Sageras Method question about tempo

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Michaelwalker
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Sageras Method question about tempo

Post by Michaelwalker » Tue Jul 02, 2019 11:00 pm

I am going through the sangreras book, and have made it to lesson 42 so far. This exercise in particular raises a question for me mainly after seeing a youtube video of the exercise being played by Norbert Neunzling. He plays it much faster than I am right now, and I do like the sound of the exercise up to speed.

But.... as I am learning what tempo should I be aiming for before moving on to the next exercise? I am sure that speed will also come as I learn. Right now I have been aiming more for accuracy than speed. But I also don't want to be moving on too fast and not getting what I'm supposed to out of the exercises. I am also reviewing past exercises, just to make sure I can still play them. :)

RobMacKillop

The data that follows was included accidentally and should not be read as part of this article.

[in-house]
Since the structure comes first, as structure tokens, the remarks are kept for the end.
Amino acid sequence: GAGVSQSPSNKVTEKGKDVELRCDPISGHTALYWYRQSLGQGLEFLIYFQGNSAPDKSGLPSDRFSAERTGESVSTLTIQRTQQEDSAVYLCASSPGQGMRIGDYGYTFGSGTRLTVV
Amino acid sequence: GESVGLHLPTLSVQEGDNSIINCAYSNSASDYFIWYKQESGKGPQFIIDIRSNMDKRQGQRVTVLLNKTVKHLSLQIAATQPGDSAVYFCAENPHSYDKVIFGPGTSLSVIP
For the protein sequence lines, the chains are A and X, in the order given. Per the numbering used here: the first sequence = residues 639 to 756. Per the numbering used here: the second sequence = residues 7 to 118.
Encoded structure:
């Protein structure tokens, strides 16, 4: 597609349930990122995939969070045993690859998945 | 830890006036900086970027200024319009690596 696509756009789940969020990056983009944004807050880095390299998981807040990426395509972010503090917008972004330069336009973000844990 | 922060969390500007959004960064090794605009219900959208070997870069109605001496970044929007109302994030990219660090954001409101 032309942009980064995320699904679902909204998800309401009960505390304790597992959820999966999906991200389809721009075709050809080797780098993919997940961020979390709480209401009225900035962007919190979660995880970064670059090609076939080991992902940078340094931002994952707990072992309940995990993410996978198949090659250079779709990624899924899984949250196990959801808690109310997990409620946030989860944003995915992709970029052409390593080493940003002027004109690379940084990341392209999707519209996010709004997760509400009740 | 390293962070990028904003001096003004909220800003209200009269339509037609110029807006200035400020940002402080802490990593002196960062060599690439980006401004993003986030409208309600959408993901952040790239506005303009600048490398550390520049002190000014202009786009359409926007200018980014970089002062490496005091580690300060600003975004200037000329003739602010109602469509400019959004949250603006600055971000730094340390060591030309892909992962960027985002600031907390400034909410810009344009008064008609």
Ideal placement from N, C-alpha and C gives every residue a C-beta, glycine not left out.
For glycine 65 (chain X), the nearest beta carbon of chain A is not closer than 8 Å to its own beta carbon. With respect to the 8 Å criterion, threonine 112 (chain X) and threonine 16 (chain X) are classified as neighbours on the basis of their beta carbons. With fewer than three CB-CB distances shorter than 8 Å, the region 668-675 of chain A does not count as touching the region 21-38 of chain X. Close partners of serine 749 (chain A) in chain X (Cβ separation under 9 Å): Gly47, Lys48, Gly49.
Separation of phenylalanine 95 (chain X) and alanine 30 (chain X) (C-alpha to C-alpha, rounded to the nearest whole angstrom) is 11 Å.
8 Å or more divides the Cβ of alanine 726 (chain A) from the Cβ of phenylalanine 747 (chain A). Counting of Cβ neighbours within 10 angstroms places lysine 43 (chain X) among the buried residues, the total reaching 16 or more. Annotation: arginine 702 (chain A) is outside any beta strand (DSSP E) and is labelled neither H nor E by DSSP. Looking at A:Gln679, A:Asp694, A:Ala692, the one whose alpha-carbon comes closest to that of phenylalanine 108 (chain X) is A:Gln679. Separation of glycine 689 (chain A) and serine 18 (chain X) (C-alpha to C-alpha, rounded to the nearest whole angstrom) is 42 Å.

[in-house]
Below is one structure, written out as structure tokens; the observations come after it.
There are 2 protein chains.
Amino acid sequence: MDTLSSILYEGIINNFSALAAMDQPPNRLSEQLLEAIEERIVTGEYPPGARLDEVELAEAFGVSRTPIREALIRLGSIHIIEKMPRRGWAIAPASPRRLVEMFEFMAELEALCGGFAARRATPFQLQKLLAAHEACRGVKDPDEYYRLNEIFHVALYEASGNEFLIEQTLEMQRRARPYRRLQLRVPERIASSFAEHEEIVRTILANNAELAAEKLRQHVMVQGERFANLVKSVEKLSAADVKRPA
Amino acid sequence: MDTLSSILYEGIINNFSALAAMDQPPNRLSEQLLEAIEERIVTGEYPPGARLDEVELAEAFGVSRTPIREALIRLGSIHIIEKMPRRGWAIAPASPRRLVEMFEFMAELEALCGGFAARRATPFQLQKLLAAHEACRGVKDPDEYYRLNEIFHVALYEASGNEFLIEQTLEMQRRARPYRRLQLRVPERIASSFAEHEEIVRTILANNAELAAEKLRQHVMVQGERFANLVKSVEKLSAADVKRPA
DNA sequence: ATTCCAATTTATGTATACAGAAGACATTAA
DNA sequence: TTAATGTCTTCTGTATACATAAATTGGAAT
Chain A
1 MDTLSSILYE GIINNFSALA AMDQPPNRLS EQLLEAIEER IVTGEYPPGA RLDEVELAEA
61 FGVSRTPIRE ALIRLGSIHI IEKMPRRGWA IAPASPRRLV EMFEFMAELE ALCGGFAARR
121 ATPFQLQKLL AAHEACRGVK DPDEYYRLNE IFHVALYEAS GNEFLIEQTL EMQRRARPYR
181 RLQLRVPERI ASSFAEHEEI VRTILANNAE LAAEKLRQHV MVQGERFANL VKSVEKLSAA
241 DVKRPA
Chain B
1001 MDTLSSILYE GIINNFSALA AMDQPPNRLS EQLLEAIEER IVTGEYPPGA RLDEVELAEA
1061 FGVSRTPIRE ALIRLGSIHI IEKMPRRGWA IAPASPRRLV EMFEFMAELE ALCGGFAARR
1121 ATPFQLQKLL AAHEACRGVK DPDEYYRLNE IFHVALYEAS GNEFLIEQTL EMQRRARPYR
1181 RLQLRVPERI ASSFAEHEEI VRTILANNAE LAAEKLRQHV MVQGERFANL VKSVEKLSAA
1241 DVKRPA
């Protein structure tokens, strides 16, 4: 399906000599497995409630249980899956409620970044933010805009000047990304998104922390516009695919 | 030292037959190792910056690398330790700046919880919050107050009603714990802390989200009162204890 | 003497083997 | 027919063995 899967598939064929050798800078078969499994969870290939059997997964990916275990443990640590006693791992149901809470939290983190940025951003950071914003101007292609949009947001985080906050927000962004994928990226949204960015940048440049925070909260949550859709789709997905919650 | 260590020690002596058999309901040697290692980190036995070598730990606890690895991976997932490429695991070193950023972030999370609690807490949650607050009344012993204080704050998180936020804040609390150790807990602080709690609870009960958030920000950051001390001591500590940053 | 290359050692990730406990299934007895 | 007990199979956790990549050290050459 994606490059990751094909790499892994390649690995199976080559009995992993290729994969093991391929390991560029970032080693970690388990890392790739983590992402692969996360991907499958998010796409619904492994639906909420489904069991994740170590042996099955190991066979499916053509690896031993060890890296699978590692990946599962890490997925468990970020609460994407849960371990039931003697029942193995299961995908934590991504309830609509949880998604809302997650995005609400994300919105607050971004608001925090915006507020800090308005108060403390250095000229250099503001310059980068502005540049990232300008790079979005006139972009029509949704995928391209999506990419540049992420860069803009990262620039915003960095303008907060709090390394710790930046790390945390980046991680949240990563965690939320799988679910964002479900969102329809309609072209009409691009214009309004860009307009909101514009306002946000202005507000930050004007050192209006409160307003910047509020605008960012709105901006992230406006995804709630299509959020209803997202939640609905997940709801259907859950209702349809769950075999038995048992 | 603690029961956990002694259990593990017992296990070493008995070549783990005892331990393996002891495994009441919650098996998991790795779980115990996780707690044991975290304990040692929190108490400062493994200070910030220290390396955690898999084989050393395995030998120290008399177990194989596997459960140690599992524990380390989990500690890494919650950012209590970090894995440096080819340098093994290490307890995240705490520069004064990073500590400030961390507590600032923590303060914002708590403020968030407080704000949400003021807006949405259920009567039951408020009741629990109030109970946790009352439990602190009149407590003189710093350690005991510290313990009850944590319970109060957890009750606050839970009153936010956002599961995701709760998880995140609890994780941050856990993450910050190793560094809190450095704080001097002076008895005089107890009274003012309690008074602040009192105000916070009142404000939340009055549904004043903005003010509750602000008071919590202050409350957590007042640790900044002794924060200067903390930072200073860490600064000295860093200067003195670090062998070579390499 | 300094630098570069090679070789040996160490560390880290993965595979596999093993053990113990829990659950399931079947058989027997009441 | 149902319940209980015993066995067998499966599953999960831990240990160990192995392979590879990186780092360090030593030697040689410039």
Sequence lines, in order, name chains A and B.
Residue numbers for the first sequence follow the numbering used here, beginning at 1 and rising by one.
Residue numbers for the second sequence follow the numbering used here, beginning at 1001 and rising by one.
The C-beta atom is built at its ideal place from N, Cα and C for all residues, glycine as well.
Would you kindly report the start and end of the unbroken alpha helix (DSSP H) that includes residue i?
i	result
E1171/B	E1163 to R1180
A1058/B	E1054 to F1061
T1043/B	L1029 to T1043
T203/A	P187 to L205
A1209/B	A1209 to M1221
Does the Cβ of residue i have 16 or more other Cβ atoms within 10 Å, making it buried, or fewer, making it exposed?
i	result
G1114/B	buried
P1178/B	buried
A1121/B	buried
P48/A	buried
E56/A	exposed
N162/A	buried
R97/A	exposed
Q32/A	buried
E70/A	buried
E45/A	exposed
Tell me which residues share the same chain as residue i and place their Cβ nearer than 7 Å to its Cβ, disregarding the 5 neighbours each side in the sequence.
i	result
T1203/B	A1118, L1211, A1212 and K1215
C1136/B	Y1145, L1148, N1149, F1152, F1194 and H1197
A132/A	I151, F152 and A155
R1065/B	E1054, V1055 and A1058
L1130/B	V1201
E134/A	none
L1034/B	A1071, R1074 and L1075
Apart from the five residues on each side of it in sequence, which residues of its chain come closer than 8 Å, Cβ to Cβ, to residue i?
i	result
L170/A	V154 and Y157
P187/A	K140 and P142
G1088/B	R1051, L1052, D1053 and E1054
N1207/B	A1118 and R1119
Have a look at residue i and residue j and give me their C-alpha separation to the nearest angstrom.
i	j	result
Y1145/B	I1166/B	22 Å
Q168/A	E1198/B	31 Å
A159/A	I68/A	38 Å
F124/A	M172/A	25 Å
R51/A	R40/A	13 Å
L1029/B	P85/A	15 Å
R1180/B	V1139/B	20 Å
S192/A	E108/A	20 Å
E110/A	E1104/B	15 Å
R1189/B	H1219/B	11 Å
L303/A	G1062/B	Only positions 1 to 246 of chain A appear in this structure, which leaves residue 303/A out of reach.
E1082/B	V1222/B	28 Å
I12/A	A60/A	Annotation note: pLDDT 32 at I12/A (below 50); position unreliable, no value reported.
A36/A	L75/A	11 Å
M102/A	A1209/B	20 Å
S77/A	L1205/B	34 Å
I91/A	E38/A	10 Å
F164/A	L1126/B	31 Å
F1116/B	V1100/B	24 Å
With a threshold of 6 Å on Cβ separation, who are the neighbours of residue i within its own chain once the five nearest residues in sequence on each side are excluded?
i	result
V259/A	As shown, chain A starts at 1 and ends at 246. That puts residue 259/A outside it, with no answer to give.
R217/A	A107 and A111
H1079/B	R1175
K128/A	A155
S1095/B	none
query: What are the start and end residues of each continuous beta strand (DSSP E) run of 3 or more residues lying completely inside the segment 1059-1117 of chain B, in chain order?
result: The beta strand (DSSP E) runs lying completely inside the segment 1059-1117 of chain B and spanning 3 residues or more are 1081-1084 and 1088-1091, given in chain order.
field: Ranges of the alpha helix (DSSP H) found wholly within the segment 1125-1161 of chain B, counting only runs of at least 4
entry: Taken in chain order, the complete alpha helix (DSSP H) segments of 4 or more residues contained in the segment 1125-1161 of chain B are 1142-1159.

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Re: Sageras Method question about tempo

Post by RobMacKillop » Wed Jul 03, 2019 7:19 am

Take your time. Accuracy is far more important at your stage. Don't feel you have to play one exercise as competently as a pro-level player before moving on to the next. Tone production and phrasing are more important for you now.

dhbailey52
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Re: Sageras Method question about tempo

Post by dhbailey52 » Wed Jul 03, 2019 10:15 am

I agree with Rob 100% -- be accurate in your rhythms and pitches and play with great tone before worrying about tempo.

Having said that, once you have achieved accuracy and good tone at a slower tempo, gradually increase the tempo (if you're using a metronome 4 or 5 beats per minute at a time) while maintaining accuracy and good tone. The instant you find you're no longer accurate, back the metronome off to where you can regain accuracy. If you like the sound of the exercise at the speed Neunzling plays it, keep working at it gradually increasing the speed until you can match what he did. But you have to realize that may never happen unless you can dedicate more time each day to practicing.